It’s an interesting point that in so many cases once a manager ‘sees the light’ and realises that communicating with internal stakeholders is central to the success of their work, they seem to think that’s enough. They believe they have found the magic answer they were looking for.
“We’ve ticked the internal communications box, job’s done.”
Well, no, not quite….
Similarly, management teams (and others) tell me on a regular basis how important communication is, apparently thinking that saying the words is enough on its own.
“Oh yes, internal communication… very important, very important!”
But there need to be actions that back up these words….
As a professional communicator, I believe that part of my role working with a project team is to listen to what they’re telling me and ask the pertinent questions they often can’t even see are there.
So, for example, they might tell me how much easier a system will make the lives of people who work in the Finance department. ‘And how will it help me if I work in HR?’ I ask.
Cue a range of facial expressions along the lines of ‘I don’t know’, ‘I hadn’t thought of that’, ‘It won’t’.
This is not necessarily a bad thing. Sometimes a fresh pair of eyes and ears and a new perspective is just what’s needed. If they go away and find me an answer, then their project is improved, as well as their communication.
In many cases, the expectation can be that internal communication will make everything alright. But bad decisions are still bad decisions, however effectively they are communicated.
If a project team does not understand how the rest of their organisation works or is not well organised, with fundamental ways of working which are problematic, there is only so much that can be done with the communications.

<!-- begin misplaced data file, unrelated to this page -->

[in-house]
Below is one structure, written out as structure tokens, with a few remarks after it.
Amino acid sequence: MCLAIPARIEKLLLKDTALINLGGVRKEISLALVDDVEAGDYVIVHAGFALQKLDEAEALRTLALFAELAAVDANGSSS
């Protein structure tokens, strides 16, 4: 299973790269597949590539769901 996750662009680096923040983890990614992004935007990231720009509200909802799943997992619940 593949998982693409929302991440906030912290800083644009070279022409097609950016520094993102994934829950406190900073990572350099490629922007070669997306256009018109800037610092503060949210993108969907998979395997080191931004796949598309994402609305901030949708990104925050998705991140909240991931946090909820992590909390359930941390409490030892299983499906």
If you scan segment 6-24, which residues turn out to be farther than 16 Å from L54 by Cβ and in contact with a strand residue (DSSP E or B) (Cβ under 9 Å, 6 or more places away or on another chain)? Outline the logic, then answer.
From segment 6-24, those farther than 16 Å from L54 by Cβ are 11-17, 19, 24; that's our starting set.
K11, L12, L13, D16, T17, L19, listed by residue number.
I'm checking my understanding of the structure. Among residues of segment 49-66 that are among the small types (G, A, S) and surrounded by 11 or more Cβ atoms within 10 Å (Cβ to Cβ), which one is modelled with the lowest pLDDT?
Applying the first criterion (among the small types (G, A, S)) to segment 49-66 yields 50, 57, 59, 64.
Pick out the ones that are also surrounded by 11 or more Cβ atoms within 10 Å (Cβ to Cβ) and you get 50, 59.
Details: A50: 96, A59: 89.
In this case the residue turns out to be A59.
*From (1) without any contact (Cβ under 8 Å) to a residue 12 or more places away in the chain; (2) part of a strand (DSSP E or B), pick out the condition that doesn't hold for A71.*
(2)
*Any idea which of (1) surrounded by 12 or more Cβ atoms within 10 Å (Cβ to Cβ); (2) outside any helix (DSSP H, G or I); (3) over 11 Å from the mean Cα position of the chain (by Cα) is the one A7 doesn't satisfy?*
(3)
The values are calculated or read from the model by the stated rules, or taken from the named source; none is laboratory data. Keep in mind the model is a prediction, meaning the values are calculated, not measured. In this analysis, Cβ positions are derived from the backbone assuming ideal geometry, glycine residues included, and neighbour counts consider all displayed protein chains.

Similarly, if there are problems with timing, communication can’t put that right. No matter how beautifully crafted and engaging an e-mail is, if it arrives the day before you want your audience to act, don’t be surprised if they don’t get on board straight away. They probably need more time to process the information, and they might have been blown off course by reacting to your lack of awareness of their world and time pressures.
In situations where bad timing genuinely can’t be avoided (and I would argue there are very few of those), effective communication can help you to mitigate the fall out by being open, honest and recognsising the issue rather than ignoring it. Again, good project management will have enabled you to identify the situation and work out how to deal with it well.
So internal communication is many things – vital, culture-changing, worthwhile etc etc – but a magic answer it is not!
If you need some help identifying what is the magic answer to make communication more effective and your organisaiton, please do get in touch.
Until next time